Earthtongue doesn’t attempt the grand, almost impossible scope of SimLife or SimEarth. The lifeforms here are already defined, and your ability to tweak the world is limited. But this focus works to Earthtongue’s benefit, allowing it to present a playground for different kinds of science than similar games. Your role as an isolated being, watching and occasionally poking at Earthtongue’s world, is different from the usual all-powerful god-figure many simulations place you in. Even when you DO exact influence upon this world, you are left with a very limited pool of resources to spend. Even at the fastest setting, the number of points you can spend to change the world will be very limited. If SimLife places you in the role of playing a geneticist with an infinite laboratory, Earthtongue asks you to play as a naturalist in the field. In Earthtongue, observing is more important than controlling.


The main flaw in the Gaia hypothesis is that it doesn’t work well as a grand unifying model. Many interactions between different organisms and inorganic systems are NOT sustainable or mutually beneficial. Species DO go extinct because they dramatically changed the world around them and then couldn’t adapt. The Earth itself is not a perfect, self-sustaining system. Nothing lasts forever. To be fair, the same problem emerges with all grand, sweeping biological models and metaphors, which is why not every gene is selfish and not every survival is fittest. Earthtongue demonstrates this flaw in the Gaia theory. As noted earlier, you will see a LOT of local extinctions. Extinctions are just as natural a part of your terrarium’s ecology as thriving lifeforms. An incredibly successful species may suddenly disappear from your space garden, and may also return to thrive again. Earthtongue doesn’t end until you stop, and neither a thriving world nor a dead world are inherently permanent, even when discounting your direct involvement.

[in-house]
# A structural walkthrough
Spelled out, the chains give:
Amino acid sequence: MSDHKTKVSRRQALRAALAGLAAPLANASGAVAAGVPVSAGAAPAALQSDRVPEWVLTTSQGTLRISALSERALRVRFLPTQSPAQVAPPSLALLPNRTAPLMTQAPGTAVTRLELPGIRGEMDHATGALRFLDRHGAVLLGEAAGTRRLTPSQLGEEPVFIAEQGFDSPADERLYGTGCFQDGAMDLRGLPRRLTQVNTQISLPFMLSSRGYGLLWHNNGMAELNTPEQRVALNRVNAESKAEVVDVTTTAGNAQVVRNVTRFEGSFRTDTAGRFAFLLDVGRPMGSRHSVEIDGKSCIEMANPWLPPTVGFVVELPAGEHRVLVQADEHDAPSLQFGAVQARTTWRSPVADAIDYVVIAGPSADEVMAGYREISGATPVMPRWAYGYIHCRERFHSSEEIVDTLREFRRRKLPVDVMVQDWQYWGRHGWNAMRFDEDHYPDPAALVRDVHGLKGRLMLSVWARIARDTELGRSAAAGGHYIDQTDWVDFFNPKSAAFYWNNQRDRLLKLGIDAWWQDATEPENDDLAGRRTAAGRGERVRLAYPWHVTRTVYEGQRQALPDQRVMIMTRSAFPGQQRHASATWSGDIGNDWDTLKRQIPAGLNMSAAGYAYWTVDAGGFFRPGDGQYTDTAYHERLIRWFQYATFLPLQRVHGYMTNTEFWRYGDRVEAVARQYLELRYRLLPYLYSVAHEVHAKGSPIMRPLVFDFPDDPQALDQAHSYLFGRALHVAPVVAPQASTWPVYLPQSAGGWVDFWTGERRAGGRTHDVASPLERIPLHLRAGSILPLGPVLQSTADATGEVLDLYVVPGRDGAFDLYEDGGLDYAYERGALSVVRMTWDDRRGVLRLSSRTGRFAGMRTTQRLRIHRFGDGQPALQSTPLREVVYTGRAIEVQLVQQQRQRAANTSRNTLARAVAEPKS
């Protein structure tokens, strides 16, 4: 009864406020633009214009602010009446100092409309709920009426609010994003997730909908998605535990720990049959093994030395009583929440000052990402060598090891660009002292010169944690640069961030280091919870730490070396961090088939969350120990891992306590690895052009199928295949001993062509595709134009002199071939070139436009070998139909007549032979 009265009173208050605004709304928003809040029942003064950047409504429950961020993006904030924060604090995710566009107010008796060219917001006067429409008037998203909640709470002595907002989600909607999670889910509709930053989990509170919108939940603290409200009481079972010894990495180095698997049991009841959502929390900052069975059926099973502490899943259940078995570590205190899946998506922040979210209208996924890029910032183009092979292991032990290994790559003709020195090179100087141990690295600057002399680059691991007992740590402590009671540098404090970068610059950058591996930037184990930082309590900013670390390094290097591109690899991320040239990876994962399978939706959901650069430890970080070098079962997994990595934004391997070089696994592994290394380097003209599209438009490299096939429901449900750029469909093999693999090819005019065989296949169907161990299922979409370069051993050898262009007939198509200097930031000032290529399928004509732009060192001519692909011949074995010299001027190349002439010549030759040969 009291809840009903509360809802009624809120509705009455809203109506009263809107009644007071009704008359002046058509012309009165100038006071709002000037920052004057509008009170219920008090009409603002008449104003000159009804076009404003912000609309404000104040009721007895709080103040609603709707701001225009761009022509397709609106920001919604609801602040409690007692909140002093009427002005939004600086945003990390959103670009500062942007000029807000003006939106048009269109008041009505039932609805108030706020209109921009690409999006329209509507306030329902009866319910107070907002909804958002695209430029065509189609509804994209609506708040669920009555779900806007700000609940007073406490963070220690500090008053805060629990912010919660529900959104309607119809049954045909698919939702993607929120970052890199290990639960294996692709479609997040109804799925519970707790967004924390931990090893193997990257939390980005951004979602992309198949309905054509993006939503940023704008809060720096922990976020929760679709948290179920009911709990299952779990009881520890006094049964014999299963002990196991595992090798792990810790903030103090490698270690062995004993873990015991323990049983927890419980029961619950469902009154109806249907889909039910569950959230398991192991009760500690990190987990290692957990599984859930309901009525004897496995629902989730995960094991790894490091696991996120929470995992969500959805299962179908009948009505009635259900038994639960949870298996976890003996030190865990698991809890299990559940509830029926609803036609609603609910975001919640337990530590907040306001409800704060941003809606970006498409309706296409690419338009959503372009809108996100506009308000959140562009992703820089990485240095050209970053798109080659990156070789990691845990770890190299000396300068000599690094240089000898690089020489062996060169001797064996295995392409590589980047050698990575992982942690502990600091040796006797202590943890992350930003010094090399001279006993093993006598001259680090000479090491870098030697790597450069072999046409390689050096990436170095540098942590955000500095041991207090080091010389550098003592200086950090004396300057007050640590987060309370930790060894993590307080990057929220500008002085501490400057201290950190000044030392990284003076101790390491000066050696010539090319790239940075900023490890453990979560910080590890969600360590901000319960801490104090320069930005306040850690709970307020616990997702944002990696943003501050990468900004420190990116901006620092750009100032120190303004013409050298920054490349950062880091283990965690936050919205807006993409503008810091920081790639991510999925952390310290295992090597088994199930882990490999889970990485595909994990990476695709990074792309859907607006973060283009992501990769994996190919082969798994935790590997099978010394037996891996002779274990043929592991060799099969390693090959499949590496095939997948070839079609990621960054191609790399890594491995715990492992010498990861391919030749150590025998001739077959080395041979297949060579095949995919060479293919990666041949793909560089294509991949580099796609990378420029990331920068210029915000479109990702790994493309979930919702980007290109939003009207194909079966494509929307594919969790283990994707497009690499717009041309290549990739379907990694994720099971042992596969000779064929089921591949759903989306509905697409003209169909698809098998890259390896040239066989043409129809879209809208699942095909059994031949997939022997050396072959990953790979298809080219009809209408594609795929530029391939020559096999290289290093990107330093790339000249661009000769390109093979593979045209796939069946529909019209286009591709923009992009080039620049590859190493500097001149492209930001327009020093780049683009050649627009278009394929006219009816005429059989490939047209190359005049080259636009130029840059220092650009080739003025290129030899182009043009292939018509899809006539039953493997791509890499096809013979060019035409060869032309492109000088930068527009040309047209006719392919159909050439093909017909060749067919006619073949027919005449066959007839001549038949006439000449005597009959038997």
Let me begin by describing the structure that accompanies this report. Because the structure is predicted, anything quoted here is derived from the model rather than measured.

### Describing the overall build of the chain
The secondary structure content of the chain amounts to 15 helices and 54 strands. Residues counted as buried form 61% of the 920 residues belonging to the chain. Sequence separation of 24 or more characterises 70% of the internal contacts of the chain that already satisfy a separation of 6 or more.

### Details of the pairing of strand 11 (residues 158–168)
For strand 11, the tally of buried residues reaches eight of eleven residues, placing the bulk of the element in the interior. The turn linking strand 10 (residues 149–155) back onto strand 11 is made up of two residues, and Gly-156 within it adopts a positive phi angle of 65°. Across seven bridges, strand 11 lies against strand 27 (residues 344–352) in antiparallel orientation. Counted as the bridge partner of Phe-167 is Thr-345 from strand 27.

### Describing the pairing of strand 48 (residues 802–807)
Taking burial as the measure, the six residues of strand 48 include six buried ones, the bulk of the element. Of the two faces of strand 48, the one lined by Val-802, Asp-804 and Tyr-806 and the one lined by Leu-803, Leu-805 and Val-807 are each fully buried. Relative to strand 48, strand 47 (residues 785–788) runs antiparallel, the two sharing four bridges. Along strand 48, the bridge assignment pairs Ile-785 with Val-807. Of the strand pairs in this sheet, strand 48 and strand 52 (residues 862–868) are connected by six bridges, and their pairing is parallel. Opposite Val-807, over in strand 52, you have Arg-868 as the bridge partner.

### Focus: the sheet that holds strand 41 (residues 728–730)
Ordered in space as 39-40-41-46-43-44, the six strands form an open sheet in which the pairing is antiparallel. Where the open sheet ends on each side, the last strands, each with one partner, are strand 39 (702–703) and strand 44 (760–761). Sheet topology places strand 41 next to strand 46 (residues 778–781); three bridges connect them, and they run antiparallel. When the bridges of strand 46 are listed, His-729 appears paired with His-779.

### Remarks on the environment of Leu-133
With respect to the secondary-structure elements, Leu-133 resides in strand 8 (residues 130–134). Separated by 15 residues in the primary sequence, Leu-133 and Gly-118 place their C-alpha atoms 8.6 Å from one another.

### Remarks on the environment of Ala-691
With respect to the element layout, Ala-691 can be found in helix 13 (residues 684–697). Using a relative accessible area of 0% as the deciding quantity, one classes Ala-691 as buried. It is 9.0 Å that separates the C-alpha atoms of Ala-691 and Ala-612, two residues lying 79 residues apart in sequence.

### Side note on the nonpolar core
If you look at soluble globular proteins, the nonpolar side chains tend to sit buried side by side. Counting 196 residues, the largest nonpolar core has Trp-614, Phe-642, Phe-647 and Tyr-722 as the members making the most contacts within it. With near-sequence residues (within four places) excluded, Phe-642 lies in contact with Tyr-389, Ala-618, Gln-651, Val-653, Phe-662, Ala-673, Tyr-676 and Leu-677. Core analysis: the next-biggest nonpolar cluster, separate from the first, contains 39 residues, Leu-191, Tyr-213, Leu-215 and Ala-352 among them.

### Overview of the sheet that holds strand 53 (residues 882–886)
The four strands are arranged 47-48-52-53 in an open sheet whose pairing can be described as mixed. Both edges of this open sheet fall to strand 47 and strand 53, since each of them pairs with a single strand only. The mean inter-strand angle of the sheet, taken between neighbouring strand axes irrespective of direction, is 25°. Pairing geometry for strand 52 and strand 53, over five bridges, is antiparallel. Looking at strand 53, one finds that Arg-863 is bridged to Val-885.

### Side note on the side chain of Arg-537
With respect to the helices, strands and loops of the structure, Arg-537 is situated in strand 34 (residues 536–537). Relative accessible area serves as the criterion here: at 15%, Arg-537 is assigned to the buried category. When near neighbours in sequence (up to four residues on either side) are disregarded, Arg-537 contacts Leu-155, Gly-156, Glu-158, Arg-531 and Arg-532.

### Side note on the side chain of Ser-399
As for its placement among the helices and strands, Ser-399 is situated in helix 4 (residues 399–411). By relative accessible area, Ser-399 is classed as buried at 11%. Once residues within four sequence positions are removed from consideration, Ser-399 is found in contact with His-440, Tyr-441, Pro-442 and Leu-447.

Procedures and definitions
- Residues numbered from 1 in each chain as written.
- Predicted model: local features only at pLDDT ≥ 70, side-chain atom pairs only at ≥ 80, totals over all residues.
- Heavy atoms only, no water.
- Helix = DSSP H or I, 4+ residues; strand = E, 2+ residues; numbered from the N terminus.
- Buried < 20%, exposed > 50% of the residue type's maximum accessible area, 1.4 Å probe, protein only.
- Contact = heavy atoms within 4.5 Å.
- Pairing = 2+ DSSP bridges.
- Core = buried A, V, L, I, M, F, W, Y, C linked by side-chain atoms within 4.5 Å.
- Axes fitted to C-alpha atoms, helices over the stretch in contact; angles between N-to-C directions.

In some ways, this can make Earthtongue a difficult game. If your goal is to create a very specific ecosystem you like and maintain it indefinitely, you will have a hard time compared to just experimenting and observing. Your unseen spaceman is a naturalist more than a gardener, and domesticating your little planet is not easy.  Lately I don’t have the patience for micro-management games or goals, so instead I allowed my world to evolve and change and adapt on its own, occasionally dropping in to take care of a massive problem or shake things up. This way of playing is not more or less valid that aiming for a specific kind of garden (though it does mean I’m currently stuck with a horde of locusts I haven’t been able to get rid of yet), and Earthtongue is open ended enough to allow many kinds of play.

The lack-luster science games of the past taught us that games without play make very poor educational tools. It bears repeating that Earthtongue is NOT an edutainment game, but rather an entertainment game that has learned from successful educational content. Nothing you learn or discover in Earthtongue is directly applicable to real world ecology. The mantids, fungi and spiders you play with are not real world creatures nor are they meant to simulate them. However, the basic process of experimentation, note taking and testing out ideas DOES simulate the real-world scientific process. The potential knowledge you take from a game like this, just as with the Maxis series, is the knowledge of how to think and discover facts for yourself. In this way, Earthtongue is a much better science game than a rote, fact-memorizing game.

Earthtongue, by Eric Hornby, is available on and Steam.